Beach Patrol To Wrap Up Coverage Season This Weekend

Beach Patrol To Wrap Up Coverage Season This Weekend
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Ryan Cowder

Special To The Dispatch

OCEAN CITY — I have really enjoyed spreading the word about beach safety each week in The Dispatch. The beach patrol and I really appreciate the commitment of Editor Steve Green and the opportunity to work together to get the safety message out to the public. I wanted to recap some important beach safety tips since this is my last article of the 2016 season as the last day for lifeguards stands on the beach is Sunday.

There is no question that only swimming when lifeguards are on duty and swimming in front of a lifeguard is the basic and most important action one can take to ensure beach safety. It seems easy enough, but late in the fall season when our beach coverage is about 20 percent of peak season, I keep seeing people that have not gotten the message. As our mobile units tour up and down the beach on our ATV’s, we see a large number of people that go out to the beach and swim dead center between two lifeguards. Our guards are constantly trying to corral people to get them to swim near their stand. Rip currents are unpredictable and simply put; it just makes sense to be close to the expert, the lifeguard, when in need.

Another important tip that is even more obvious than swimming near a lifeguard is learning to swim. Learning to swim is one of the best things people can do to protect themselves from drowning. Studies show that people learn to swim best during childhood, which makes it a parent’s responsibility to make sure their children learn to swim. If someone does not know how to swim, they should not be in the ocean. Period.

Unfortunately, we have rescues where people are pulled into deeper water by a rip current to find out that the person cannot swim. Once someone begins to panic and actively drown, they generally have 10-60 seconds until the situation becomes grave. With so many currents and unknowns in the ocean, people should not be in the ocean if they do not know how to swim. Knowing how to swim and understanding how a rip current works will give you the needed tools to be a successful swimmer in the ocean.

The last tip I would like to leave you with pertains to rip currents. If you find yourself caught in a rip, don’t panic or fight the current. Swim out of the current by swimming parallel to shore and then in to shore. If you are unable to swim out of the current, just float and tread water and call or wave for assistance. If you are on a guarded beach, help will be on its way.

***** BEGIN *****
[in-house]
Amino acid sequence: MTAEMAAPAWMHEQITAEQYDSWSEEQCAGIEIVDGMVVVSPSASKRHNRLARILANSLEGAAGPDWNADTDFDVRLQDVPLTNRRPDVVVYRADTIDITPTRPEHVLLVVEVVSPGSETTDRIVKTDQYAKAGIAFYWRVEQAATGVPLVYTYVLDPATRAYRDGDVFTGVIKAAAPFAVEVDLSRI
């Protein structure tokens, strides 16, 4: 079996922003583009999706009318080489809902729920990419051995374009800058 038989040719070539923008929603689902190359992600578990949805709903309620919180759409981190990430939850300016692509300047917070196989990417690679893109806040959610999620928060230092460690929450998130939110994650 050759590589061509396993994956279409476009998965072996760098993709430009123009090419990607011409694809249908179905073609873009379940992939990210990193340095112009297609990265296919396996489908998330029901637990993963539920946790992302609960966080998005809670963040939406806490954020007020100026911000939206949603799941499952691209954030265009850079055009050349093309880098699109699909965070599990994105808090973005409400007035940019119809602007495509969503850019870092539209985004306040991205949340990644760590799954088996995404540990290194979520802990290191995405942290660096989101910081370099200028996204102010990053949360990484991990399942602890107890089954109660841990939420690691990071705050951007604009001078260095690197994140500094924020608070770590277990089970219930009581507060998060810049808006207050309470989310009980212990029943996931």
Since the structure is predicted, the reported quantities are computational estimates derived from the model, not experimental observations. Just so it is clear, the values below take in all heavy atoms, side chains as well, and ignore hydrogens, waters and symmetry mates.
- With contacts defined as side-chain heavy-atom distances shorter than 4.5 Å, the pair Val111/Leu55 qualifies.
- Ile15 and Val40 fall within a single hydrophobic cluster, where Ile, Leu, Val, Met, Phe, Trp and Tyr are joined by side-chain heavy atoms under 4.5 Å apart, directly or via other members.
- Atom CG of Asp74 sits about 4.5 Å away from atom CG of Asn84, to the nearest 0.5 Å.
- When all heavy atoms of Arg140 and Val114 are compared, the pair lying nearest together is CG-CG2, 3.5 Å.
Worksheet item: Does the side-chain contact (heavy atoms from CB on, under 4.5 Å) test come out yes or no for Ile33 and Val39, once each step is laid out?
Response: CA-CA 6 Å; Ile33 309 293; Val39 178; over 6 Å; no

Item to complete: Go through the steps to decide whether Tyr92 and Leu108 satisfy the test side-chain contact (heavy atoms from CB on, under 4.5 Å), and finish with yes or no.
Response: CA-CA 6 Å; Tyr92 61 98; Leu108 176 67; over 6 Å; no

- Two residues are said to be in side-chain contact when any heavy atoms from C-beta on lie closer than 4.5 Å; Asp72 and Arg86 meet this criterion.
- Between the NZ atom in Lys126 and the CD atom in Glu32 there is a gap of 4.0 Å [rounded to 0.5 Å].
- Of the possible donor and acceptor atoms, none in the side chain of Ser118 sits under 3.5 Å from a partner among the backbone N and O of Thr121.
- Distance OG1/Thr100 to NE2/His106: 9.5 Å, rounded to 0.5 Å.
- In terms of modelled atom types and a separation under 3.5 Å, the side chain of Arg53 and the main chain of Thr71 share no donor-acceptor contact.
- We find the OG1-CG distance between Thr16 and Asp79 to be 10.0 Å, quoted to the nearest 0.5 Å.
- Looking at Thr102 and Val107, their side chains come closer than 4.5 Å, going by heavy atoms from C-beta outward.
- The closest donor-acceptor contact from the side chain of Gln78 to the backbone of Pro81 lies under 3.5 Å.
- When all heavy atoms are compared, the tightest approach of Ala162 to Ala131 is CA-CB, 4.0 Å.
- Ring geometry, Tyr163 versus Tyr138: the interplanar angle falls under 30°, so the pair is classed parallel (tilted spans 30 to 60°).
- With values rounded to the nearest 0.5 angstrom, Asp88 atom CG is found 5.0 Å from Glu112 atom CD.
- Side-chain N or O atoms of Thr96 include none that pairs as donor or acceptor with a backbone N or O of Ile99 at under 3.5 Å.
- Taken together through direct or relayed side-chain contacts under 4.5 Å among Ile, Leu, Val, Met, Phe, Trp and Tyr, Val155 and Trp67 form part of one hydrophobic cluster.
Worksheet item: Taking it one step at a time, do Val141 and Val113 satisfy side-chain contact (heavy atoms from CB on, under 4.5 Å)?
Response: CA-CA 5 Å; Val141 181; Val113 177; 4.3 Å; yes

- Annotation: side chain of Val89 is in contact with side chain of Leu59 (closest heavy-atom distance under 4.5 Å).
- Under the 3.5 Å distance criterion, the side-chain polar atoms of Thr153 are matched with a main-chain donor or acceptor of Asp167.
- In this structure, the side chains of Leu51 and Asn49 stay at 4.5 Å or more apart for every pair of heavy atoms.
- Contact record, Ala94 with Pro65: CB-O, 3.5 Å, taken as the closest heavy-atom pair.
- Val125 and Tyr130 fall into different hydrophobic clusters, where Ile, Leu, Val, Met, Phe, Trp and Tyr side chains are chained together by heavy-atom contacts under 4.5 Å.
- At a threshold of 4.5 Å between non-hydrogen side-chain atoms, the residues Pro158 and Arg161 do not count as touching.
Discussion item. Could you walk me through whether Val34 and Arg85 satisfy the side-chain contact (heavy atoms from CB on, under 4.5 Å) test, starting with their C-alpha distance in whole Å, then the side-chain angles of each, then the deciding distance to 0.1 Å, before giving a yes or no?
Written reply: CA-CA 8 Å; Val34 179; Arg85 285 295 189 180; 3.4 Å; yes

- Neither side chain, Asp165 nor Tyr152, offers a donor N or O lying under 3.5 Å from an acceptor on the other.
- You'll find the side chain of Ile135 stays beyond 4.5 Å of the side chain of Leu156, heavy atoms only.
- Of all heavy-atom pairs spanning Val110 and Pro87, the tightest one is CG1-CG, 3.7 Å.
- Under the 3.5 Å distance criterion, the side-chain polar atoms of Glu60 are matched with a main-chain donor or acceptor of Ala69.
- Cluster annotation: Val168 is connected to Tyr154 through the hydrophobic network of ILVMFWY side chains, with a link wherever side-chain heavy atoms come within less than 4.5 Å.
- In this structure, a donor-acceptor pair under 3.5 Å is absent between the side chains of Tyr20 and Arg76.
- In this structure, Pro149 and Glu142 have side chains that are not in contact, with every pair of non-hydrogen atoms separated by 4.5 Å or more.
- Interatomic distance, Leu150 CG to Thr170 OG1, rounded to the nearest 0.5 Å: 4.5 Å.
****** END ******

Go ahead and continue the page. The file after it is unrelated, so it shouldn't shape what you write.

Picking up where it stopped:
The Ocean City Beach Patrol, Ocean City Police Department, OC Fire and EMS, Ocean City Communications and all the public safety workers have done a tremendous job this season. Furthermore, many of the media outlets have also been invaluable in helping the beach patrol serve its mission by educating the public through the use of these publications. We all know that having the knowledge necessary to prepare yourself is the first step in any situation. I truly hope that you have used these articles to your benefit.

Thanks for reading and have a great winter season. For more information on the Ocean City Beach Patrol and Beach safety tips, you can log on to our website To get current information about the beach patrol as well as daily stats and current beach conditions, you can follow the beach patrol on Twitter, Instagram or “like us” on the Official OCBP Facebook page. Remember, “Keep your feet in the sand till the lifeguards in the stand.” So please don’t let someone you love enter the ocean when the SRT’s are not on duty. It is not only dangerous to them but may put others in danger if they attempt to help you in an emergency.

Captains Note: I also want to thank The Dispatch for allowing us to have a weekly safety feature. The beach patrol’s mission has three focuses — education, prevention and intervention. Without a doubt, the most obvious and the one that attracts the most attention is intervention when one of our guards blows a whistle, jumps off the stand, runs down the beach, and then swims out to rescue a swimmer in distress. Although this happens several thousand times each season, it is not our major focus but rather it is prevention of accidents and injuries through our educational outreach efforts and programs that we make our number one priority.

That is why each week we use this space to try and educate all of the readers of The Dispatch. I truly believe that through the exposure in this newspaper that many lives have been saved and will continue to be saved because someone has read the article or passed on the information that they learned to others. So if you have enjoyed this column and have learned any new information about beach or water safety, not only pass it on to others but take the time to thank the editors of The Dispatch. Have a safe winter and we will see you Memorial Day Saturday 2017.

(The writer has been with the Beach Patrol for 18 years and is currently a sergeant. He is an assistant principal at Stephen Decatur High School.)